Once you understand the problems, it’s all about:

  1. Adopting a problem-solving mindset to meet their needs
  2. Figuring out how to articulate what you actually do differently to resolve their challenges

Vague statements and fluffy claims won’t cut it. You need demonstrable, provable, relevant value.

Notion's homepage

 

Leveraging brand in this way is the difference between flooding a space with poorly targeted SEO-style content and delivering highly strategic and tailored content that actually helps solve user problems. You listen to your customers, you figure out what they really need and then you deliver that in your marketing.

Things to watch out for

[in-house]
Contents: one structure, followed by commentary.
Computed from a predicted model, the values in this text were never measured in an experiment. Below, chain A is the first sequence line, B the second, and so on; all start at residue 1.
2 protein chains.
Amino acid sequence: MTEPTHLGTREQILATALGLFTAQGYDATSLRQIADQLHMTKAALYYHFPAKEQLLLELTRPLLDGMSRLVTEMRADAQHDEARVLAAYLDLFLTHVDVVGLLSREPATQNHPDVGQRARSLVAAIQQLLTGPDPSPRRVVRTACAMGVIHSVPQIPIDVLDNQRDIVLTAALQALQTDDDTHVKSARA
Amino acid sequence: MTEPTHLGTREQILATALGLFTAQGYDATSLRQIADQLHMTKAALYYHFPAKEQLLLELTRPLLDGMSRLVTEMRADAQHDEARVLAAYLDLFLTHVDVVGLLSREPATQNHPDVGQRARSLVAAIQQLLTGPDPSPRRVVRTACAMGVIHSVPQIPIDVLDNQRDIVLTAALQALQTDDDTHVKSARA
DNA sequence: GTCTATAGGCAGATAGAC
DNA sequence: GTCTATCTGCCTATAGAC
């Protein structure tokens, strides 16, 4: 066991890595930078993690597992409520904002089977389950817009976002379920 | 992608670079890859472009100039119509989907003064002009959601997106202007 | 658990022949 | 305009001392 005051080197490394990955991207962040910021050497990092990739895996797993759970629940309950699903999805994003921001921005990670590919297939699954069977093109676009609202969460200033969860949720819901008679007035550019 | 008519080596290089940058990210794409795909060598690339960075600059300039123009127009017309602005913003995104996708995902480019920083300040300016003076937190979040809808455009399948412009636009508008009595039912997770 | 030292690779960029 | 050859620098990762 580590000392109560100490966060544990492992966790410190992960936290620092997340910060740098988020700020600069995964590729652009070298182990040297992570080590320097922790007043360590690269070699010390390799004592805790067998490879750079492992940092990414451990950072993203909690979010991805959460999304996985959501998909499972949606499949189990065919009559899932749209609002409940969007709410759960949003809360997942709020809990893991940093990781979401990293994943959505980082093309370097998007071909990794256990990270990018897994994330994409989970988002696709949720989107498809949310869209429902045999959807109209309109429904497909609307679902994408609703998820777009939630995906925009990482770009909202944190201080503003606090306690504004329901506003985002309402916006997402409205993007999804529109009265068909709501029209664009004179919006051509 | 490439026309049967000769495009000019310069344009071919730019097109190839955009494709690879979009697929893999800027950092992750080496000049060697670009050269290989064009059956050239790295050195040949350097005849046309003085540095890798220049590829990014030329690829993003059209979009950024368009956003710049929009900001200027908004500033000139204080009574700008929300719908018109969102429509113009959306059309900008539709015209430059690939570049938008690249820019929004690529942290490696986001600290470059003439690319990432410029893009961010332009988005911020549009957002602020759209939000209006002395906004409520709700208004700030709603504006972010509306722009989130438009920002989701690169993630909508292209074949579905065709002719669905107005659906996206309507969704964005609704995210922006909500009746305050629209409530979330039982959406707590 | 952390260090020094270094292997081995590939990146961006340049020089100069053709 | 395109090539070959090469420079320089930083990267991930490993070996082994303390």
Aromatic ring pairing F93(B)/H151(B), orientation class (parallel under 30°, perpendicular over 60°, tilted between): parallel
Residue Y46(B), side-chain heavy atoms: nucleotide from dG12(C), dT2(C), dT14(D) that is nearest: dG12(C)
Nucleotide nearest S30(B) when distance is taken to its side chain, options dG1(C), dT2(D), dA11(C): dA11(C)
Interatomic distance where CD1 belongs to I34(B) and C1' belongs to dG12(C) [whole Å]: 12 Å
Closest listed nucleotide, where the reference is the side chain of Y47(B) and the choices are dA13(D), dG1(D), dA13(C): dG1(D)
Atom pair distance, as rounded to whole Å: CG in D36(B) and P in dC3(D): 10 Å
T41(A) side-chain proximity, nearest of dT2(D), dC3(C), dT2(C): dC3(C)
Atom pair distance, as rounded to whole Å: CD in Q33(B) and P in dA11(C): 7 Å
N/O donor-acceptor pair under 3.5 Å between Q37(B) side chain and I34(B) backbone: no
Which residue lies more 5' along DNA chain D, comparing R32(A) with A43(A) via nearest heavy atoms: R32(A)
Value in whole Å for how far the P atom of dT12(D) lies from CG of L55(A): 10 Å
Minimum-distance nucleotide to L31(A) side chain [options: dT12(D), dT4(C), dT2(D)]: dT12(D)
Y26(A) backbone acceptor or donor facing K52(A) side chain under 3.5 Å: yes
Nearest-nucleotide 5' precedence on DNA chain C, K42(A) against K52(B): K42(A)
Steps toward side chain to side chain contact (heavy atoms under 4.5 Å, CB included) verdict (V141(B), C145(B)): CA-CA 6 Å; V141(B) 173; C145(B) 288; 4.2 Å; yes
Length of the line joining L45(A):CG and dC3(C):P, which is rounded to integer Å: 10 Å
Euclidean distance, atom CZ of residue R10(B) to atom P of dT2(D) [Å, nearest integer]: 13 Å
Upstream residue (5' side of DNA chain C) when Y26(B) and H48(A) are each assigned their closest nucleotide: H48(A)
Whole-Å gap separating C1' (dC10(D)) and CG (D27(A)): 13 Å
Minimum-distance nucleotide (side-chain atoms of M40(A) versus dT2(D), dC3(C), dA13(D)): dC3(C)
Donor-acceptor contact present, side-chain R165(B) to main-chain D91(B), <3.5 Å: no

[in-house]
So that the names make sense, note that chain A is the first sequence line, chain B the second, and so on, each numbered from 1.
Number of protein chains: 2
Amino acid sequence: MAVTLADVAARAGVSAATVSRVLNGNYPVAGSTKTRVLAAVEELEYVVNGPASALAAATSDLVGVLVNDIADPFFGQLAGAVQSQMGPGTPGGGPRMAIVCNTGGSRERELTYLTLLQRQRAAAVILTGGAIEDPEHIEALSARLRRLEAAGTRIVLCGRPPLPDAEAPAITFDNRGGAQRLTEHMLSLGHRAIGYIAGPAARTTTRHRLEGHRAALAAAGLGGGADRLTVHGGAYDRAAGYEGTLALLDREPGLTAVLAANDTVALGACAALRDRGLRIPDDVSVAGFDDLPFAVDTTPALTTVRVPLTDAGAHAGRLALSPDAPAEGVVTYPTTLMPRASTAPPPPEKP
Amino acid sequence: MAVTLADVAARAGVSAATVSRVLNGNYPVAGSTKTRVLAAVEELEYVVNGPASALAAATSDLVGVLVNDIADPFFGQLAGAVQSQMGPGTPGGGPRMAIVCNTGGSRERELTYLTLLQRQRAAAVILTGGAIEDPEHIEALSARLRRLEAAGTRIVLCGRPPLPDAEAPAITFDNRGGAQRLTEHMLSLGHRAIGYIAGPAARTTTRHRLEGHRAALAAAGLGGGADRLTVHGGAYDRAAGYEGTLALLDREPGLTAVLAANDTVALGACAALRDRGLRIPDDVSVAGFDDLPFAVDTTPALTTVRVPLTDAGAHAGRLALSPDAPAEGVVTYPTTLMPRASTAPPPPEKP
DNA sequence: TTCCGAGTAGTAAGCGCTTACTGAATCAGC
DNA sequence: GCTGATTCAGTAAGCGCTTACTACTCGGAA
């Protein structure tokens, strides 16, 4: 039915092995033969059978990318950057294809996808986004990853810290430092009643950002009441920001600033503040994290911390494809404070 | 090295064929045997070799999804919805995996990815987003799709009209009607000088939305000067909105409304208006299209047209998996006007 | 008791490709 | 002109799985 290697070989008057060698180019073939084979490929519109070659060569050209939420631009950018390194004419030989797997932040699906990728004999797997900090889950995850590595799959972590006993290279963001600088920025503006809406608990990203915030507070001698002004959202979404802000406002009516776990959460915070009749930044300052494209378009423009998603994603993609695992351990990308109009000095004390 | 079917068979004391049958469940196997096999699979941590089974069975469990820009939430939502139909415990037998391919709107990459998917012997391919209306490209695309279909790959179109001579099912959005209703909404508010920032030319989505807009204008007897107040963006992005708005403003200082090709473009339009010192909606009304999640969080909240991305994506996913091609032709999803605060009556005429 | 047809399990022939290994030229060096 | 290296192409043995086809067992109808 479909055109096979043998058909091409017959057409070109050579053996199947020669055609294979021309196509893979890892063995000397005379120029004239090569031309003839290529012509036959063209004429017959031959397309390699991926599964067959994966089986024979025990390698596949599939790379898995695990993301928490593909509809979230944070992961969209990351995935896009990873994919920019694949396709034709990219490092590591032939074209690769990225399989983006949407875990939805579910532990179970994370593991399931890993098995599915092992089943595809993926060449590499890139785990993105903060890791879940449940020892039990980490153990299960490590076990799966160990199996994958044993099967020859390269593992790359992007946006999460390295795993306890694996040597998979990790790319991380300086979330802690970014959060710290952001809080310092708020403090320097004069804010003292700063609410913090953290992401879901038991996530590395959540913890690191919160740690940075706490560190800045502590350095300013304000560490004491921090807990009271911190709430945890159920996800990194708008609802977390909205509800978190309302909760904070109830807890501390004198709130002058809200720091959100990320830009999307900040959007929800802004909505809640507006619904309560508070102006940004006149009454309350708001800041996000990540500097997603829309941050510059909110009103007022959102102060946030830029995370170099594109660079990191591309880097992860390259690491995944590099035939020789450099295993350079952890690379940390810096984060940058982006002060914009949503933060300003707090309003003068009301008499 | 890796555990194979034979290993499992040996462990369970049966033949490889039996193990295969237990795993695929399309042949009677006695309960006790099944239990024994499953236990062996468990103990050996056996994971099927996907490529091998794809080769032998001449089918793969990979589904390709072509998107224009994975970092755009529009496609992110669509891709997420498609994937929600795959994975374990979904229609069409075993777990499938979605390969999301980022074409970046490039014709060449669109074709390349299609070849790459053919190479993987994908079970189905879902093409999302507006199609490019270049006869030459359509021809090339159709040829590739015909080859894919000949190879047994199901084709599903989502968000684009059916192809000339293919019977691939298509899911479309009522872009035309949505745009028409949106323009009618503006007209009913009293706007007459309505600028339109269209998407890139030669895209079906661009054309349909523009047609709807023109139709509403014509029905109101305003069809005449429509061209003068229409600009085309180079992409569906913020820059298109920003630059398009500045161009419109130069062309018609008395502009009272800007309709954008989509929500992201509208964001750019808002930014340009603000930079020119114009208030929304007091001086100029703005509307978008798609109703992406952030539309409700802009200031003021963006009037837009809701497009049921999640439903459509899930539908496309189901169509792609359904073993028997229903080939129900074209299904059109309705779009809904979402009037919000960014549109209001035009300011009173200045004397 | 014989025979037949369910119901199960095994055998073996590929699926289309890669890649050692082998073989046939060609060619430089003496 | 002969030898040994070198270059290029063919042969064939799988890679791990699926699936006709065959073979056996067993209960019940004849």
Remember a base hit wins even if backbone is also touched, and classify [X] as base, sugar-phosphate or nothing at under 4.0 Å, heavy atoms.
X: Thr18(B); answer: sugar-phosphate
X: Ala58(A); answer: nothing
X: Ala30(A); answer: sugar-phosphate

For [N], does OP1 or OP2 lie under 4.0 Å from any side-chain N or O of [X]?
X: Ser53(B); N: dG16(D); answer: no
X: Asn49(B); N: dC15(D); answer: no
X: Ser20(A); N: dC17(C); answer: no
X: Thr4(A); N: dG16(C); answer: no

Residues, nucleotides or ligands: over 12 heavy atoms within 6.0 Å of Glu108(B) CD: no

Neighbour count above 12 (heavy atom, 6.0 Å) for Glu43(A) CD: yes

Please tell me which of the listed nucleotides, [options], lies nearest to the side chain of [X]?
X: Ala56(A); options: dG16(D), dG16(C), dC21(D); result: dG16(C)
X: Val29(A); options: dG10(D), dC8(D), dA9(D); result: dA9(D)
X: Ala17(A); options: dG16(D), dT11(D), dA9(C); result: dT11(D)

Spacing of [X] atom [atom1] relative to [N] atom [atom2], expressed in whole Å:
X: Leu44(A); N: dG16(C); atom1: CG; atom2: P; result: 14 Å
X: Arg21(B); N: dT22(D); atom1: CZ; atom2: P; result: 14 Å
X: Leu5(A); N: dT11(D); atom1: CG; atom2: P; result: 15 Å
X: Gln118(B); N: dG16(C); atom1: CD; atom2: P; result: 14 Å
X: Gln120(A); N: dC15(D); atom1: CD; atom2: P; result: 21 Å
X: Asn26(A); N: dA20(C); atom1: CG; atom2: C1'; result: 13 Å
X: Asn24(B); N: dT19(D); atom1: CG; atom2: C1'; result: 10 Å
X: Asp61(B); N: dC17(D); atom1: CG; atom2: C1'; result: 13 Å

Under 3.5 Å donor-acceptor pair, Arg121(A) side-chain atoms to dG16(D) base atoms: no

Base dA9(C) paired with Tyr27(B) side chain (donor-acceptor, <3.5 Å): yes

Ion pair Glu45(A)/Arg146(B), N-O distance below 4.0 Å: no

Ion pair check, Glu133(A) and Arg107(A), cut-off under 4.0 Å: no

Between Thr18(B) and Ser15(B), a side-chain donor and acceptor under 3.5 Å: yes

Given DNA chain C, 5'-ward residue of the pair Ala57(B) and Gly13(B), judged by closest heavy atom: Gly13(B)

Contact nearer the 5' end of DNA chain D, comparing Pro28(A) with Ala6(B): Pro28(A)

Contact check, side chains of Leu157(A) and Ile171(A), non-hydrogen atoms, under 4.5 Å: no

So where do companies get tripped up when trying to build out a unique and differentiated marketing function? Camille said that the two biggest mistakes have to do with content development.

1. Unrealistic expectations
Too often, content marketers get saddled with impossible tasks like hitting critical volume really fast without any real appreciation for how long it takes to create content. For instance, they might be required to drive a certain number of conversions each month, and then they’re told that to meet this goal they need to publish three to five posts each week.

It’d be nice to keep up that kind of cadence, but not all organizations have the resources to pull that off. What usually happens is that budgets tighten quickly, and the marketing team (or person) gets burned out. Ultimately, quality suffers.

2. Missed opportunities